Billspotting 

Sightings and run-ins with Bill

Playing It Cool: Song sharing with Bill Fucking Murray
By Doug Walters

It seems like everyone in Charleston will cross paths will Bill Murray sooner or later. I had the pleasure of meeting him one night last October at a grocery store in West Ashley. I walked in and there he was in the produce section. He was being schooled on all the latest, exciting vegetables and greens by a very helpful produce guy. I didn't want to dork out on him, so I casually moved on and let him be. But I must admit I was quite star-struck.

There was a boyish youthfulness about him. He was dressed like a regular dude: jeans, tennis shoes, long sleeve shirt. No cape, no crown, no scepter, no posse. He was extremely laid back, exuding a mellow vibe. I had the urge to grab him and say, "I LOVE YOU, MAN!" He probably gets that all the time, though I'd like to think Charleston doesn't get all stupid on him.

I was talking to a young lass at my car a little later when Mr. Murray walked to his ride, which was parked next to mine. He was alone, and the parking lot was nearly empty, so I figured it was cool to approach him. Being in showbiz myself (albeit on the small potato level), I know the difference between giving and taking when it comes to interaction. I grabbed three of my albums and walked up to him. He saw me coming and immediately assumed an air of approachability. He smiled warmly as we shook hands (great handshake, by the way). I said, "Hello, Mr. Murray, I'm Doug. I just wanted to say hello and thank you for all your great work. You're an inspiration. I'd like to show my gratitude and give you some of my music. Maybe you'll connect to it." I figured he was a busy man and probably didn't have time to be yucking it up with random nobodys in grocery store parking lots, but he was quite receptive — gracious, modest, and humble. He said, "Hey, my name's Bill." (Duh!) He thanked me for the CDs and seemed genuinely interested. "What are these all about?" he asked. I nutshelled them for him and thanked him again. He smiled and said he'd check them out. I felt his warmth and his heart, and there was a lot of love in his eyes, not necessarily for me, but seemingly for life in general. I bet it's cool being Bill Murray. How could it not be?

I wanted to lavish praise on him like Woody Harrelson's character in Zombieland, but I kept it cool and brief, then went back to my car, sat down, and tripped out. Bill fucking Murray. I began to daydream. He would listen to my music, fall in love with it, make movies just to have some of my songs in them. We would hang out and become best friends and do all kinds of unimaginable A-list things together. Forever. Yep, that seemed highly plausible. I rushed home to check my e-mail. He hadn't written yet. I looked him up on Facebook and sent him a friend request. He hasn't responded yet. But I check it every day.

Bill Murray came to McCrady's once after we were closed, and when the server told him we were closed, he said, "OK, I'll come back some other time." I walked into the dining room as he was leaving. I said, "Was that Bill Murray? He is my favorite actor! You go chase him down and tell him to get back here and eat!" Bill said, "You are closed and I wouldn't do that to you, I'll come back some other time." That night, Bill Murray scored major cool points with me. —Sean Brock

Non-Blonde Ambition: A member of the paparazzi confesses to her crimes against Bill Murray and her boss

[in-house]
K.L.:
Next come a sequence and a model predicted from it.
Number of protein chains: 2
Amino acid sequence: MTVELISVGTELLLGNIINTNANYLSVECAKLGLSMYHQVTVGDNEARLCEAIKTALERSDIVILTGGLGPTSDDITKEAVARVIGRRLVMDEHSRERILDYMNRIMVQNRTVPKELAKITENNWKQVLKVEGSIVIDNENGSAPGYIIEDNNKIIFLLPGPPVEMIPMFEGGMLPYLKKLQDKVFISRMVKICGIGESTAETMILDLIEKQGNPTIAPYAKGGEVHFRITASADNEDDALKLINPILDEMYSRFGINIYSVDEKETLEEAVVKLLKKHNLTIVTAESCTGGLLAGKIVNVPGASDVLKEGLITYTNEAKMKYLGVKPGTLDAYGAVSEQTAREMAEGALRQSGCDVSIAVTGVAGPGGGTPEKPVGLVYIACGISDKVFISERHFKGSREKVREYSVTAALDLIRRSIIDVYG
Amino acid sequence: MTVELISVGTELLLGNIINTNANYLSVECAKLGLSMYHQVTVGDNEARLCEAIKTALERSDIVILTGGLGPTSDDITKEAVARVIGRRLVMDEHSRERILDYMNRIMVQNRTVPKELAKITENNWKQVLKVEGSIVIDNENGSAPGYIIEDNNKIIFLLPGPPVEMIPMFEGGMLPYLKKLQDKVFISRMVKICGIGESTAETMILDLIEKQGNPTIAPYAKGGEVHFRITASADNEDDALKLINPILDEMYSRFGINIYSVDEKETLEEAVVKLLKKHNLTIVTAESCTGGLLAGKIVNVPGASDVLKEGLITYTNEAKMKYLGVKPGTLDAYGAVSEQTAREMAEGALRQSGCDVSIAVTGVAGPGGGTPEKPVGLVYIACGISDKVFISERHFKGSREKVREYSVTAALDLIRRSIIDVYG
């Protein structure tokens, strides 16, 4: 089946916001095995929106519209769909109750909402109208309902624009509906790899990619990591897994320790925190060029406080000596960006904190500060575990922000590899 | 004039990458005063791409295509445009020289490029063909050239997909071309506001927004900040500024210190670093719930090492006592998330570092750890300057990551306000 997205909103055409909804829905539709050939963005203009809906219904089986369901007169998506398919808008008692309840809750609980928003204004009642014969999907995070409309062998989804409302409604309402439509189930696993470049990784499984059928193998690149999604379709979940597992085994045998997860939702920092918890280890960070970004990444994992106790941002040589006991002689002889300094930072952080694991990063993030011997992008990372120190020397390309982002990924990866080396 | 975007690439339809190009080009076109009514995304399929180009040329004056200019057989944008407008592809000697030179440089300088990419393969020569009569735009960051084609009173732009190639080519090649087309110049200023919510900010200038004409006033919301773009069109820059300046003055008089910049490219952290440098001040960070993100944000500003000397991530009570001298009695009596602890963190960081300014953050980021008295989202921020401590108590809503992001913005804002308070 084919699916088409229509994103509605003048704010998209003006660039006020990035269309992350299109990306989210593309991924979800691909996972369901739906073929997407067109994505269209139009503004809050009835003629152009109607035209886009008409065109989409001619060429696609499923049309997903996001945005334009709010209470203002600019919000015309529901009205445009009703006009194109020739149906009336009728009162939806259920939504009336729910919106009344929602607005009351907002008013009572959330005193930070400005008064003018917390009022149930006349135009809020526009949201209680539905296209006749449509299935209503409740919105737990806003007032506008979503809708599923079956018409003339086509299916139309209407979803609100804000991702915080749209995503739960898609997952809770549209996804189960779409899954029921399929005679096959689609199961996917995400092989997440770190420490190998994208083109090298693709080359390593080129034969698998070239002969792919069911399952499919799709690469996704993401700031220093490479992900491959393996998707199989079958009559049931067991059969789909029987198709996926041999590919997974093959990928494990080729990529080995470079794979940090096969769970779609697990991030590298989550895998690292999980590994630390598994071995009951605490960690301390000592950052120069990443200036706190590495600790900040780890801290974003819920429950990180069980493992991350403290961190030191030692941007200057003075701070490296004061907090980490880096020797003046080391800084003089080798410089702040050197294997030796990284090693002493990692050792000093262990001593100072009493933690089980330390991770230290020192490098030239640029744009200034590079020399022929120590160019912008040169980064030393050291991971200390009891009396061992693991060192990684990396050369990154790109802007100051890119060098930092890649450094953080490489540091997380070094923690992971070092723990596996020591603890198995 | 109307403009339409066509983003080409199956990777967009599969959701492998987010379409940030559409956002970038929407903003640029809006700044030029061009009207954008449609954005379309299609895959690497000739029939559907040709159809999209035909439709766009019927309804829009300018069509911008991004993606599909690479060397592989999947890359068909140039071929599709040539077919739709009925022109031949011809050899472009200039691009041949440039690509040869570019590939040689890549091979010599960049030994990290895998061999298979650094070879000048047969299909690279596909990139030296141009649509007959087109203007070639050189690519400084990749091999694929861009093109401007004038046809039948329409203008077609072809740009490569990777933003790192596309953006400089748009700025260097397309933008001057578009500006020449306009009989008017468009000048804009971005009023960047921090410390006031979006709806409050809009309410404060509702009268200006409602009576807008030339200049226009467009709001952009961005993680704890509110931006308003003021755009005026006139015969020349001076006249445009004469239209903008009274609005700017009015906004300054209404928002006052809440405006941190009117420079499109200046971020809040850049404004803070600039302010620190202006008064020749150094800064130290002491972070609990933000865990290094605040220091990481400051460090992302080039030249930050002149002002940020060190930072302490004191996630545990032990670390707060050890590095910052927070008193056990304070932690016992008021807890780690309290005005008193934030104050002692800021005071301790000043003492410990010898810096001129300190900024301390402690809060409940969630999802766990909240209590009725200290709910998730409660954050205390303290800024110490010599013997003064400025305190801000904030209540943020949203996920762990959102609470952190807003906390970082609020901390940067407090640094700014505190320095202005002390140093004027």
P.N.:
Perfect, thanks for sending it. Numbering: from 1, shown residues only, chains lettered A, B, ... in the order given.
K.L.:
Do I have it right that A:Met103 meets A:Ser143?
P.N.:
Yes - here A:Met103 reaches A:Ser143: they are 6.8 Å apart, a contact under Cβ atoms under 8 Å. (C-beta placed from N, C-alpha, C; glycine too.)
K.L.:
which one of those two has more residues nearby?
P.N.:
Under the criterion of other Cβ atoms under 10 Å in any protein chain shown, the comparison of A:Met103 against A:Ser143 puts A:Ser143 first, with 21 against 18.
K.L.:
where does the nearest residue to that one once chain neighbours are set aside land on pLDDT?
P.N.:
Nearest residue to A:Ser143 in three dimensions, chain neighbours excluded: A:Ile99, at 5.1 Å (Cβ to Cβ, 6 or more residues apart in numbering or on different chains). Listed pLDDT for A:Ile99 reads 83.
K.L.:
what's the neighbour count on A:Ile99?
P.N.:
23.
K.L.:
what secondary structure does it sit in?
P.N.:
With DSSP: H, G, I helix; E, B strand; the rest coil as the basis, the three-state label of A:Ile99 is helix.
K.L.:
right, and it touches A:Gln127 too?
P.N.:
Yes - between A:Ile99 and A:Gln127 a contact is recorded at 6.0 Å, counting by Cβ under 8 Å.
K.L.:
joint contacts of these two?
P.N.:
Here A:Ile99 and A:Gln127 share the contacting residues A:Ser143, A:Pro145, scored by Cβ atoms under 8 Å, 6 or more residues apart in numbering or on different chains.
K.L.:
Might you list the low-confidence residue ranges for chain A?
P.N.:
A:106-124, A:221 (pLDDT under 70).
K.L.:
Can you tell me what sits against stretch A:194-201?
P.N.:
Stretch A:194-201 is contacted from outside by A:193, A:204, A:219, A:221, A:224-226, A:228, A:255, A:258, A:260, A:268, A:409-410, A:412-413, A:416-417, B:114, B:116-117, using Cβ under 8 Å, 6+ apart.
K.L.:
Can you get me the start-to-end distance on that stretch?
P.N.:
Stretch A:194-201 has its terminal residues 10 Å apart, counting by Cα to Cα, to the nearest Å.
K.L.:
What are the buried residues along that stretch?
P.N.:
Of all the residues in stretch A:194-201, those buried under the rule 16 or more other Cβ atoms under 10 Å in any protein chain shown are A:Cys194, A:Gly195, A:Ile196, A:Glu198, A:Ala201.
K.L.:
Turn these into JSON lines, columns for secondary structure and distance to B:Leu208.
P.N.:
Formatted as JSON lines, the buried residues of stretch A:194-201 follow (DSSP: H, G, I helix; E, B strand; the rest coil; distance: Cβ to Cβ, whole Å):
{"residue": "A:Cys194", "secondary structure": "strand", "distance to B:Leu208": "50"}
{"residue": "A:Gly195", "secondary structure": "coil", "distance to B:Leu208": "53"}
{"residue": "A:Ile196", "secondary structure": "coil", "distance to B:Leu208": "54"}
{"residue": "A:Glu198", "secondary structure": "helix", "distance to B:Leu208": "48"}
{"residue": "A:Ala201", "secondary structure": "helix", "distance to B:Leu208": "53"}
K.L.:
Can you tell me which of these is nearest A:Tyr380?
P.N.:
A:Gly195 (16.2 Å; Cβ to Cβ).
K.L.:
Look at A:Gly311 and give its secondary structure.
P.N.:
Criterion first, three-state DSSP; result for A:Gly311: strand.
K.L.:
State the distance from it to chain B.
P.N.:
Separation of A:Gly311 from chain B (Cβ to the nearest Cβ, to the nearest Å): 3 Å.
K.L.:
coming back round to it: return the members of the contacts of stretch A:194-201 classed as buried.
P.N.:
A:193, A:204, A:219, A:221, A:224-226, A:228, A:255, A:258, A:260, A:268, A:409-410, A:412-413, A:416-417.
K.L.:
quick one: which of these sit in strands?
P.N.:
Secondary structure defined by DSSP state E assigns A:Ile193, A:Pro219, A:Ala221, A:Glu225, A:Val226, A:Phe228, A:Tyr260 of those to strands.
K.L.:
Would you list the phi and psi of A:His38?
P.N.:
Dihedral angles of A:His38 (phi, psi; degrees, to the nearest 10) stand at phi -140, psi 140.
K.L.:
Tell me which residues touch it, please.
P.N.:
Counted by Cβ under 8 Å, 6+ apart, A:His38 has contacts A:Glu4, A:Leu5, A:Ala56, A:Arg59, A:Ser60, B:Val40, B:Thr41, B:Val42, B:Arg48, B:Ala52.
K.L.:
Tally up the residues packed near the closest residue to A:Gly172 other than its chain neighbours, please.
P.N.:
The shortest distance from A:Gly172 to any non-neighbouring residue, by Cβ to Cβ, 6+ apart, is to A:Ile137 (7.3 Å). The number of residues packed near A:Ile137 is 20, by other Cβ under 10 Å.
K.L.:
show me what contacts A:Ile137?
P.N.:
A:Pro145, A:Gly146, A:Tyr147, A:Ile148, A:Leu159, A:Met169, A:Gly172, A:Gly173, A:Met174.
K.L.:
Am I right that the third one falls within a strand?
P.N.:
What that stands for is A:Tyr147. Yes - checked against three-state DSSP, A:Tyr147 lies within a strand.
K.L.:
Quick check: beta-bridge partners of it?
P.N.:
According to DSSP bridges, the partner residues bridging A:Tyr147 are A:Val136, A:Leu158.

By Susan Cohen

Erica Jackson Curran, the arts and scene editor for the City Paper, is standing in front of me, peering over my shoulder. "Hey, that looks like Bill Murray," she says. Then she reconsiders. "Oh. That is Bill Murray."

I don't believe her. It's a warm May evening at the Gibbes, and I've only been living in Charleston for three months. Under the guise of serving as her photographer for a Scene write up, I've joined her at the Gibbes for a soiree hosted by the museum's Society 1858 organization. I'm carrying around a big ole Cannon that I'm pretending to know how to use. Really, I'm there because I have nothing better to do on a Friday night and I've been promised free food.

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Since I moved to Charleston, I had heard that a Bill Murray sighting is an essential item on the Holy City bucket list. I'm surprised it has happened to me this quickly.

The camera has put me in a terrible predicament. I'm supposed to be here shooting photographs, a slideshow's worth preferably, and I've already got all the photos I need. I was done for the evening, that is, until we spot Bill Murray.

Erica insists that I need a picture of him, and I insist that I don't. She is right; the ultimate money shot for this event would be one of Bill Murray. We could have been at a drum circle in the middle of an abandoned rail yard, but if we told faithful City Paper readers that Bill Murray — the star of Groundhog Day and Lost in Translation — was there, well, then that event immediately has cred.

So I stand there bickering with Erica, but really I'm just trying to build up the courage to go over there and ask him if I can take his picture. A random shot of him talking to people or partying it up wouldn't do. I have to engage Bill freaking Murray and ask if I can do the one thing that TMZ has taught me that celebrities hate: Take their picture.

Crap. I finally suck it up and make my way over to him. He's looking pretty casual, wearing a black polo. A guy in a lime-green polo is telling Bill Murray the history of tea plantations in Charleston — you know, important stuff that everybody needs to know. It must be difficult for Bill Murray to deal with guys like this getting in your face and talking your ear off. Then again, I'm worse. I have a camera.

I stand for there a minute, listening to the tea story, and finally find a moment to interrupt. I blurt out some words asking if I can take his picture.

"I hate to do this, but I have to," I plead with him.

"No, you don't," he replies.